Probiotics are organisms that are supposed or held to have a pronounced role in improving human health. A good example of such probiotics is bacteria that are found in food and some supplements. They help in the digestion and they are as well important in boosting the immune system of an individual. One may wonder why it may be necessary to take live bacteria, when we spend a lot of time killing bacteria with the use of antibiotics. The reason is simple and this may include the right balance of bacteria in our bodies since they are of great help (Floch, & Kim, 2010). As a result, this paper will be elucidating and giving further details on the different families of probiotics. In addition, the paper will be expounding on the circumstances that it may be recommended for use as well as where to get the probiotics.
There are several families of probiotics; they are identified according to the kind of tasks they perform in the gut. A bifid bacterium is one of such families. There are several species that belong to this family and they make up a very large percentage of useful bacteria in the intestines especially in infants. It is supposed to be important as well in dental cavities, improved blood lips among other important applications. We also have the leuconostoc which have been discovered to be very important in the processing of food not to mention other useful benefits (Liong, 2011). The streptococcus thermophile is still another useful probiotics that produces large quantities of lactase enzyme. The other family is the saccharomyces boulardii that is the only yeast producing probiotics. This family has over time been found effective in the treatment of diarrhea in as much is it is not the only problem it helps in the human body (Floch, & Kim, 2010).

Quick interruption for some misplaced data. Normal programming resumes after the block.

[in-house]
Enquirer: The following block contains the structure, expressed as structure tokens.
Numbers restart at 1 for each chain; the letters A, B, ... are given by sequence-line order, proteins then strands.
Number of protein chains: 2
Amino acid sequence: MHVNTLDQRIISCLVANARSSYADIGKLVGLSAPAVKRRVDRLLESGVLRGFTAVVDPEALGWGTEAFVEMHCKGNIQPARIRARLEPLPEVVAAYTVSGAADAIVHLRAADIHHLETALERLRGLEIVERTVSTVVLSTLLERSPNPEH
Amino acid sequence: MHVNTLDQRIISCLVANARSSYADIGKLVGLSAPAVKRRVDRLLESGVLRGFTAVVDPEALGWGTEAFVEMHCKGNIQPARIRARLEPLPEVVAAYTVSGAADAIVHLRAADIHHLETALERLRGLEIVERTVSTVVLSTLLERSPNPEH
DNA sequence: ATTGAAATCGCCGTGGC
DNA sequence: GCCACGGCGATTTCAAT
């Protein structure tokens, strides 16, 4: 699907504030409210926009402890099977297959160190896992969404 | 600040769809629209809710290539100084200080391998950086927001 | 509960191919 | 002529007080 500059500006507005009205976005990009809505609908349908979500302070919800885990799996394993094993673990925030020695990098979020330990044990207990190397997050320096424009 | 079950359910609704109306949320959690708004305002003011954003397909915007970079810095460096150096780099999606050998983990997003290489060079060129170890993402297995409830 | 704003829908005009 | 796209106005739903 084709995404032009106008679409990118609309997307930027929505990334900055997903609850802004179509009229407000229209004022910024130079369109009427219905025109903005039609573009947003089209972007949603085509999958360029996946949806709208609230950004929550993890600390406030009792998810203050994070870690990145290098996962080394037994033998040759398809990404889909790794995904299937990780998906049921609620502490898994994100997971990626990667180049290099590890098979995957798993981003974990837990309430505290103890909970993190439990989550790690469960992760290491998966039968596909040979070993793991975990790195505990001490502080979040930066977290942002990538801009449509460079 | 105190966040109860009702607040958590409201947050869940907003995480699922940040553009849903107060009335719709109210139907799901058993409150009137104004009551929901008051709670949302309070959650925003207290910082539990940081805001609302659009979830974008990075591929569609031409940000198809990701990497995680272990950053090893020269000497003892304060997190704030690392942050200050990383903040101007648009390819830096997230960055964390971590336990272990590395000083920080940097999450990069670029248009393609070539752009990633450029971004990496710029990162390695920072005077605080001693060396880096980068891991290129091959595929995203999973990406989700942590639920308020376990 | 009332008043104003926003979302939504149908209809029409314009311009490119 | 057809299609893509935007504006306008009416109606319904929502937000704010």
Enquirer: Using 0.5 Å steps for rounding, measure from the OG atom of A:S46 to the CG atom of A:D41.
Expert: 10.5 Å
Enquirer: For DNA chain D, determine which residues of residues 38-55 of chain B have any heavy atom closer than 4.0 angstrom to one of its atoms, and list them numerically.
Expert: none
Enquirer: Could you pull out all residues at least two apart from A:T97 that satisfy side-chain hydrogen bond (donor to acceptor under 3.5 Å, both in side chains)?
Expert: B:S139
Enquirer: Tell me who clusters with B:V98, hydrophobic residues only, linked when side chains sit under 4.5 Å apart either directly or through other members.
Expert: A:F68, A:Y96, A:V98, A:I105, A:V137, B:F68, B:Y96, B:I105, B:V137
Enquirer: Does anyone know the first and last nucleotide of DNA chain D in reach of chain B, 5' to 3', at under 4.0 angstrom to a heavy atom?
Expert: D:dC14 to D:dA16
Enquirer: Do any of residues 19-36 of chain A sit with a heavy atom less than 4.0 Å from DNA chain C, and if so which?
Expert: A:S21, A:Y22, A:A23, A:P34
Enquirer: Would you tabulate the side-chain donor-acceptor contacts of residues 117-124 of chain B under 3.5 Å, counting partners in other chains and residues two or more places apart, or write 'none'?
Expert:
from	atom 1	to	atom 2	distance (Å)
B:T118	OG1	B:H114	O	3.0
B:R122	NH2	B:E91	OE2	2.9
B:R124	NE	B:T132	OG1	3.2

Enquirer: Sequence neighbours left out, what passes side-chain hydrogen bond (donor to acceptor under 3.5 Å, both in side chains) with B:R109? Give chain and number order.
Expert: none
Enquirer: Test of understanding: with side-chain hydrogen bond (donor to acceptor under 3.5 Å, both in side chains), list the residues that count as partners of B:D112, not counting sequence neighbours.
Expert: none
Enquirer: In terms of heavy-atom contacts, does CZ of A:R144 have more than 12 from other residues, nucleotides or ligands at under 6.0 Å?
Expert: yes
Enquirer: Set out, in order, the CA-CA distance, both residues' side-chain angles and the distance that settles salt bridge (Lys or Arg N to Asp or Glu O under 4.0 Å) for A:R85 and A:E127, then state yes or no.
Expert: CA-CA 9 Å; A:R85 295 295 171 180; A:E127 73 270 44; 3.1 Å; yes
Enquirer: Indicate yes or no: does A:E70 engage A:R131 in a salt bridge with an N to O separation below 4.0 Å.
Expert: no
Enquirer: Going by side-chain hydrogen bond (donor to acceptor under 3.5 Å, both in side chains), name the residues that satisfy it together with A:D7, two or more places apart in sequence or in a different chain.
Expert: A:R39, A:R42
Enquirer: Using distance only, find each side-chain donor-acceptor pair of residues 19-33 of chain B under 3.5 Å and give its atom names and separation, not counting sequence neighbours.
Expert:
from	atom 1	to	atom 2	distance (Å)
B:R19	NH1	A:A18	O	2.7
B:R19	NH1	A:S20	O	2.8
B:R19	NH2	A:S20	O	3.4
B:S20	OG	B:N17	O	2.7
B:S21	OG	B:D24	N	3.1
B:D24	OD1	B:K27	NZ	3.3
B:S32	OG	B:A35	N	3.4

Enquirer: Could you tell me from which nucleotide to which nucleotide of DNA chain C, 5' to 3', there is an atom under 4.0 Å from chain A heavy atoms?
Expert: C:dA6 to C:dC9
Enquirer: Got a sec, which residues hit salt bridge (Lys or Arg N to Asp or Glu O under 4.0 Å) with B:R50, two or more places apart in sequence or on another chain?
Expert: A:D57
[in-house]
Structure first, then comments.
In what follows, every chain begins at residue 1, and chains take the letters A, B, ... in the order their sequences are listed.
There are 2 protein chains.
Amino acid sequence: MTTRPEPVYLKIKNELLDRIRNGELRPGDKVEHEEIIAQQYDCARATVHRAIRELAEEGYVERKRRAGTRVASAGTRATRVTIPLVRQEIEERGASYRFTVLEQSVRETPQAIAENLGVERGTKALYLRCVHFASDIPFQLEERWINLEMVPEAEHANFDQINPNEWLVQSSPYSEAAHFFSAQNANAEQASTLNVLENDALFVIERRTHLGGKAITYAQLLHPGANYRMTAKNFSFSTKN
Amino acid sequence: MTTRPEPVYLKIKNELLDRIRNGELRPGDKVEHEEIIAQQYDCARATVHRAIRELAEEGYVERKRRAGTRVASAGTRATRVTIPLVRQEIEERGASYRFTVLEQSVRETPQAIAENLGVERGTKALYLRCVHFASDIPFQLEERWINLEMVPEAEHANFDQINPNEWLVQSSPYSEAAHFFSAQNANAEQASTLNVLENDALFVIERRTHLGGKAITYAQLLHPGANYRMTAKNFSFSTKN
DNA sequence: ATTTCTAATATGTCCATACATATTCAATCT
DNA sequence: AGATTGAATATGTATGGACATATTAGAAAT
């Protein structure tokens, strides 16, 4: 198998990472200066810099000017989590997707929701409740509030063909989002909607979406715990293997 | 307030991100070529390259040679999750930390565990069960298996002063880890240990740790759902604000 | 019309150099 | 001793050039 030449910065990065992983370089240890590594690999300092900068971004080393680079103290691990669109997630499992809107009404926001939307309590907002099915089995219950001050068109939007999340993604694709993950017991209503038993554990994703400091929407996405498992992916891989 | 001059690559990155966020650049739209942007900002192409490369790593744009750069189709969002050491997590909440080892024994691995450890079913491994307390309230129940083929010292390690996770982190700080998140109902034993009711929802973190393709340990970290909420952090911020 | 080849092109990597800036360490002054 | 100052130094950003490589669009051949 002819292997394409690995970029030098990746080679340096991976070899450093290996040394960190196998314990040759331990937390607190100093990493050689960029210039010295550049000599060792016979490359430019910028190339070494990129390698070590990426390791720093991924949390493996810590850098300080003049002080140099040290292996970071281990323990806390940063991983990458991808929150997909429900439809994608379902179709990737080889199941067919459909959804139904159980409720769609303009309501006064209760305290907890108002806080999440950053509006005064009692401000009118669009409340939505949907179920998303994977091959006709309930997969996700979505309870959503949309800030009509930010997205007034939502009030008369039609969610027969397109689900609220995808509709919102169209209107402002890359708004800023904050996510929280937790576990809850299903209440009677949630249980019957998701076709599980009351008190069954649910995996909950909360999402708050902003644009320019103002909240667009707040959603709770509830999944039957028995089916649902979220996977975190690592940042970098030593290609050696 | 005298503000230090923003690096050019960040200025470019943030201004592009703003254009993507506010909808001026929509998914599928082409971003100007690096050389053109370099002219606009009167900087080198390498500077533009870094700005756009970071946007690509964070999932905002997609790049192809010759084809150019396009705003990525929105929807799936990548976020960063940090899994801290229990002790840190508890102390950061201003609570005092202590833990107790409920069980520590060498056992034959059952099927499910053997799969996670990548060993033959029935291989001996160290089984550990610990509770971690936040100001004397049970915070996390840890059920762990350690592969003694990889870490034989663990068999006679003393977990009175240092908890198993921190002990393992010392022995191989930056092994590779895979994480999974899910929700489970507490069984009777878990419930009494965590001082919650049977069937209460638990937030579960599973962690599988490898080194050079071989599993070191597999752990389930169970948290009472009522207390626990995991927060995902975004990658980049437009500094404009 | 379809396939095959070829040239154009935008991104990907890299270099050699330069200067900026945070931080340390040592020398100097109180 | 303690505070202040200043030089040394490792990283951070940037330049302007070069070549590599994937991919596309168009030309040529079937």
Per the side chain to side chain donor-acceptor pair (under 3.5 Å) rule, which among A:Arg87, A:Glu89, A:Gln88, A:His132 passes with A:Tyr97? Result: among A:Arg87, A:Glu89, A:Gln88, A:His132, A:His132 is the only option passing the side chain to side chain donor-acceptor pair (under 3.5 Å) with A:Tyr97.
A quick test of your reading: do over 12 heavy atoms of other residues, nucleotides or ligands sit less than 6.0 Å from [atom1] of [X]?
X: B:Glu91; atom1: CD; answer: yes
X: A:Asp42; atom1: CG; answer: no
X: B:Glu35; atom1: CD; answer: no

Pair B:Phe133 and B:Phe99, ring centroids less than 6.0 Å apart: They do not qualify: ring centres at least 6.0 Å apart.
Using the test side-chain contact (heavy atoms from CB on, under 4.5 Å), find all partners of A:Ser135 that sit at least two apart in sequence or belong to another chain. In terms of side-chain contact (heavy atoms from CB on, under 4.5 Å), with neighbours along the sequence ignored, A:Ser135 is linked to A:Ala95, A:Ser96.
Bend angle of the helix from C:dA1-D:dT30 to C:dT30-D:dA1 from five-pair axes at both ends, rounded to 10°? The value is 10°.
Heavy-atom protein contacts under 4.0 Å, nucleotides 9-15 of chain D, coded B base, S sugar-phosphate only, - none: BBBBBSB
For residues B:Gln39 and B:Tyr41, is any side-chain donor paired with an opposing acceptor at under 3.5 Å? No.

It can be noticed that, over a long time, the fermented dairy products will highly contain the beneficial elements. They have been known for their high content of probiotics with yogurt being one of the most common forms of the fermented dairy products. Yogurt is mostly taken not only by the young generation, but is always consumed by a majority of people. Very many people take it without the information of its beneficial properties but because it is sweet and generally acceptable by many people (Floch, & Kim, 2010). These products are not the only ones that contain probiotics, there are several other food staffs that also contain it, these include the cereals, cookies and juice among others which are very common and frequently used.
One thing for a fact is that, very many people do not know when it is necessary to take the probiotics, it is very important for any individual to know the signs that tell the necessity to take the supplements for probiotics. It is because; manufactures of supplements are not always true to the amount of probiotics in the supplements. Their intake has a lot of side effects, not every person is allowed to take the supplements, our bodies are very different and supplements only help us to attain a balance which is important to ensure our bodies are safe enough to handle some complications (Trenev, 1998). Therefore, there is no one common form of establishing that one is in need of the supplements, but one has to be keen to look at the symptoms to identify this.
Taking supplements without the knowledge of the probiotics contained in it is very dangerous especially to children, pregnant mothers and the aged; they may have serious repercussions to the individuals. It has been found out that manufactures are not very genuine about the level of probiotics in the supplements. (Trenev, 1998). Therefore, it is very important that, the supplements should be taken under a strict monitor of a doctor to avoid the future problems. In conclusion, it can be deduced from the above elucidation that probiotics are very important in the body. This can be attributed to the fact that they help the body in very many ways (Liong, 2011). However, it is very important to keenly know how to take its supplements since they have serious impacts on the body.
Floch, M. H., & Kim, A. S. (2010). Probiotics: A clinical guide. Thorofare, NJ: SLACK.
Liong, M.-T. (2011). Probiotics: Biology, genetics, and health aspects. Heidelberg: Springer
Trenev, N. (1998). Probiotics: Nature's internal healers. Garden City Park, N.Y: Avery Pub. Group.